The Southwestern Historical Quarterly, Volume 64, July 1960 - April, 1961 Page: 63
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Railroads Come to Houston, 1857-1861
by Owen Lynch Cochran, postmaster.180 Out of state mail came
to Houston by way of Galveston. From the beginnings of Hous-
ton the mail had always been brought up by steamer, but on
August 1, 186o, after the connection of the two cities by the
Galveston, Houston, and Henderson, it began coming in by
train.s"' The post office department began a short while earlier to
utilize the service of the railroads out of Houston in carrying the
The secession of the Southern States in 1861, the Federal block-
ade of the Gulf Coast, and the depletion of Texas capital and man-
power during the Civil War brought Houston as a commercial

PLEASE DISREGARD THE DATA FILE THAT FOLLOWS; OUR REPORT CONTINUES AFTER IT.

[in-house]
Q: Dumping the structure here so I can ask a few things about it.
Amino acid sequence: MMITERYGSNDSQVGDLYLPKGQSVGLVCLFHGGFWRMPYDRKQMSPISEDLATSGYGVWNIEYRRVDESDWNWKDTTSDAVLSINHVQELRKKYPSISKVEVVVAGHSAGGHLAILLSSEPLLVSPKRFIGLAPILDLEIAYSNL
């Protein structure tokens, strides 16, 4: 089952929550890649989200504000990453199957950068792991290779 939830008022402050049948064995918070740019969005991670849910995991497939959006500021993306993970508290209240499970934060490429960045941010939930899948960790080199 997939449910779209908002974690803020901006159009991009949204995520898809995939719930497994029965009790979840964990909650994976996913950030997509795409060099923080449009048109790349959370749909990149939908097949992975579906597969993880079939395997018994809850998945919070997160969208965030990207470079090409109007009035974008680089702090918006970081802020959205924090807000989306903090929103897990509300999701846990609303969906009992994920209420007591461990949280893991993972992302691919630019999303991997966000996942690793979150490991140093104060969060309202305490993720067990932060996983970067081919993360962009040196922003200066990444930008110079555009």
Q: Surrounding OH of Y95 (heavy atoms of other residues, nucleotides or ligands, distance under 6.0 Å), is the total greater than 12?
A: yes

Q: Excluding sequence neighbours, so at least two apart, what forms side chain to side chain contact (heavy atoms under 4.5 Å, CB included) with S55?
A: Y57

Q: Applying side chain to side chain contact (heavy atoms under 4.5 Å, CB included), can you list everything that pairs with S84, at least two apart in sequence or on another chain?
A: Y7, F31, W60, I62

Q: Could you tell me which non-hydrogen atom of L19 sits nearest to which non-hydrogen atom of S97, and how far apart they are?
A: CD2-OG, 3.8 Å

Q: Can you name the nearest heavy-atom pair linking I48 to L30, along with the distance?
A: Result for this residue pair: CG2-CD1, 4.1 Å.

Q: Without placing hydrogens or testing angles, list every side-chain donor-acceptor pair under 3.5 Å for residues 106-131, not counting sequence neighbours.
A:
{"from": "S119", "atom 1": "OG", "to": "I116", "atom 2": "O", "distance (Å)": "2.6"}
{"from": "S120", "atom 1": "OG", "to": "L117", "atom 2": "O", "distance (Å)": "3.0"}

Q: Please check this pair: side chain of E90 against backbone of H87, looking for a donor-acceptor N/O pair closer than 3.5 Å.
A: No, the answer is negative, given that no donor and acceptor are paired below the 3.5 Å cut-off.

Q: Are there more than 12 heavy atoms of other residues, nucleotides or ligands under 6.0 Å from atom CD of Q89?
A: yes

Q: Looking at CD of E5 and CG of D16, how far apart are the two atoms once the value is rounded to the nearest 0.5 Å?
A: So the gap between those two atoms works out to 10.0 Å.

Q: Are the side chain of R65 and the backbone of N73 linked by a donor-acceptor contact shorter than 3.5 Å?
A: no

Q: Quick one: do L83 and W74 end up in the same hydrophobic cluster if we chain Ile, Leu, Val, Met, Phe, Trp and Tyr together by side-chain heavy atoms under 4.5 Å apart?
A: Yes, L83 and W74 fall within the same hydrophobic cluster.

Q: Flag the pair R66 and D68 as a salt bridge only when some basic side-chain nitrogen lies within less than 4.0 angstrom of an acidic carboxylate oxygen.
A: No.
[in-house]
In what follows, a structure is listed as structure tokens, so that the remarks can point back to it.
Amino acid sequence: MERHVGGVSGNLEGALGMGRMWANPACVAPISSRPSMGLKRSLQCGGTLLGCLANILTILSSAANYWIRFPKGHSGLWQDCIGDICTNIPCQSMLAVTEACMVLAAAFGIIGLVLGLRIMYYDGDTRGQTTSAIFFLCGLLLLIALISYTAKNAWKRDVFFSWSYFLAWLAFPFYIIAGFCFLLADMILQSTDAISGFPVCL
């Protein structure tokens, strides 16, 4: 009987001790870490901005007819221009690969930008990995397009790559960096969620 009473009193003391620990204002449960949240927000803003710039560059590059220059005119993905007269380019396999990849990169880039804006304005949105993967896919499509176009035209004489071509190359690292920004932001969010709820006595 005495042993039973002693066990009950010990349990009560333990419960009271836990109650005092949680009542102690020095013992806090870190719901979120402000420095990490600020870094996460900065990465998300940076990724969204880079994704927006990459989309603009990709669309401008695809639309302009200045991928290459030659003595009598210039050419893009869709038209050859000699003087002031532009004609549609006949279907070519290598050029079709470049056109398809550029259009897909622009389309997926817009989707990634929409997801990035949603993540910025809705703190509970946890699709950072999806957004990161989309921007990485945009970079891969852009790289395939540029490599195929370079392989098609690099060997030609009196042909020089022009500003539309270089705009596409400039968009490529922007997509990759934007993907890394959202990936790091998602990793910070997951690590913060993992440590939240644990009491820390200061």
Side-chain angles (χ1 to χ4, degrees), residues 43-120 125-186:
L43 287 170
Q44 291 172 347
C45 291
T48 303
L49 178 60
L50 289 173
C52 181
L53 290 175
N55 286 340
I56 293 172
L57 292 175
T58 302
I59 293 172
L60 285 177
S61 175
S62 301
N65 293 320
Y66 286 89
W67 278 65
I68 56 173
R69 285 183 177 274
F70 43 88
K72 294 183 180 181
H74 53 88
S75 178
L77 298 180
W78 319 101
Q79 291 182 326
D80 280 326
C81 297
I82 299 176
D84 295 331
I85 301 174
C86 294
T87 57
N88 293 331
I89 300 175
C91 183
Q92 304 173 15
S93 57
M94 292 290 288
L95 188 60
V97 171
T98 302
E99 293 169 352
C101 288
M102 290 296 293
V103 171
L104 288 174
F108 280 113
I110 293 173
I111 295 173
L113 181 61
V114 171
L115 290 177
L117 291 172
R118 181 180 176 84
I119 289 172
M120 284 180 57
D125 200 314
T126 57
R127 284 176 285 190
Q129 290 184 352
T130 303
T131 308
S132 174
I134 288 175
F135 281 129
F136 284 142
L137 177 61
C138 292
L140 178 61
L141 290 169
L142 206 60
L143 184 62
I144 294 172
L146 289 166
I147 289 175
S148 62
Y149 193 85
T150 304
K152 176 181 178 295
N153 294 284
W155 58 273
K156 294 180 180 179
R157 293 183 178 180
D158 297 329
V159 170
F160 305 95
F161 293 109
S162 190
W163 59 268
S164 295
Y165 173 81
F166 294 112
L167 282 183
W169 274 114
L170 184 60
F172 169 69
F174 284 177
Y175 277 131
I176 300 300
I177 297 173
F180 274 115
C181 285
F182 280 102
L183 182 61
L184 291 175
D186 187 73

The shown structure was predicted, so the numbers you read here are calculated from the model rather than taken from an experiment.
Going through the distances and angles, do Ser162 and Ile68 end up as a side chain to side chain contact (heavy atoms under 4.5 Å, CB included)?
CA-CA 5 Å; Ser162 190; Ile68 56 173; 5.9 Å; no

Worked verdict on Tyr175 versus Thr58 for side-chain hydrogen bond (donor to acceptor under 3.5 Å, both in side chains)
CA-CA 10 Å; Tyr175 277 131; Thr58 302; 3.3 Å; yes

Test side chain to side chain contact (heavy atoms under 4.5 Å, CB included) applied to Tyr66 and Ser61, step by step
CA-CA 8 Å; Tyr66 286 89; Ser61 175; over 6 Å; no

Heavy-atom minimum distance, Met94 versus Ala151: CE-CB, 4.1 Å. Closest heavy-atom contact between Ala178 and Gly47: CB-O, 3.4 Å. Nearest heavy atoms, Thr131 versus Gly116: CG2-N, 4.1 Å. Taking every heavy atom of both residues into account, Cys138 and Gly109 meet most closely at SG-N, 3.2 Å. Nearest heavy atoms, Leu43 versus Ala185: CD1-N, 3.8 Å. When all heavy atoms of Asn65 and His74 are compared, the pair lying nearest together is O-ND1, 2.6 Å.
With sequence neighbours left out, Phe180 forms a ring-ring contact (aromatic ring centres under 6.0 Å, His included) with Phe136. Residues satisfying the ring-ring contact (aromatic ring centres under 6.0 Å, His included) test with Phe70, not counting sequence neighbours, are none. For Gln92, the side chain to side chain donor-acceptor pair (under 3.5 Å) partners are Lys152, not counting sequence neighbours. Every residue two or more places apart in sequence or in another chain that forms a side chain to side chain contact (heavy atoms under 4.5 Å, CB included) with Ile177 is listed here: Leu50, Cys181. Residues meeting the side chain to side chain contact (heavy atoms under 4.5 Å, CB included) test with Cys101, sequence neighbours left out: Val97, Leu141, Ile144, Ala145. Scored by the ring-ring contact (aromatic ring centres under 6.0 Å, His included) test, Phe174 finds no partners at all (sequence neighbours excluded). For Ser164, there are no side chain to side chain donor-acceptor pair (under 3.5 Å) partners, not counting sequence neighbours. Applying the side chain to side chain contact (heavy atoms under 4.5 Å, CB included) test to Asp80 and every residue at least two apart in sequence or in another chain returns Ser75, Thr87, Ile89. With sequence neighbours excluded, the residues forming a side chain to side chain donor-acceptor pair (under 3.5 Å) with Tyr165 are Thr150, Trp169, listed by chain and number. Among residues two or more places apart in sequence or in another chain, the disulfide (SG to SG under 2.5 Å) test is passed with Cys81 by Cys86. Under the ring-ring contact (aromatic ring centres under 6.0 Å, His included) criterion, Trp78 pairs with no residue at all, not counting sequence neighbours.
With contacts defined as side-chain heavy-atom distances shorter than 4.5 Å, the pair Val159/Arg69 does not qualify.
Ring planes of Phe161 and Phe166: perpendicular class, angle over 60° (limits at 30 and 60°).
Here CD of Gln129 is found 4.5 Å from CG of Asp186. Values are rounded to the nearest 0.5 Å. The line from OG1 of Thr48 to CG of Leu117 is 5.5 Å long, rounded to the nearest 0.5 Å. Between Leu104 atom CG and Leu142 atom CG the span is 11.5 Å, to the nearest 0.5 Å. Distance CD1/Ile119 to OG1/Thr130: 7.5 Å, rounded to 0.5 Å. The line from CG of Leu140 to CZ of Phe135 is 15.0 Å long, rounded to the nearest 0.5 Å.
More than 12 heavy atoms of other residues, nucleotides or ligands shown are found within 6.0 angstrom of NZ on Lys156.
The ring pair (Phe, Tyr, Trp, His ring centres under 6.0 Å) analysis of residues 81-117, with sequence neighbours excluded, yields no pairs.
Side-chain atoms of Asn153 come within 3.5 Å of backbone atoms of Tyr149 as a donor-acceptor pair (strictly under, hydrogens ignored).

mart to a halt for four years, but even in this period, the city's
position as headquarters of the Confederate District of Texas, New
Mexico, and Arizona provided a temporary stimulus that carried
the place during a crisis that might otherwise have prostrated it.
IsoCochran had been nominated and confirmed as deputy postmaster of Houston
on March 12, 1857, presumably vice Frederic W. Smith, who had been confirmed
on May 16, 1850.--Journal of the Executive Proceedings of the Senate of the
United States (Washington, 1887), VIII, 182; X, 241-242.
salHouston Weekly Telegraph, July 17, 1860.
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Texas State Historical Association. The Southwestern Historical Quarterly, Volume 64, July 1960 - April, 1961, periodical, 1961; Austin, Texas. (texashistory.unt.edu/ark:/67531/metapth101190/m1/81/: accessed October 21, 2017), University of North Texas Libraries, The Portal to Texas History, texashistory.unt.edu; crediting Texas State Historical Association.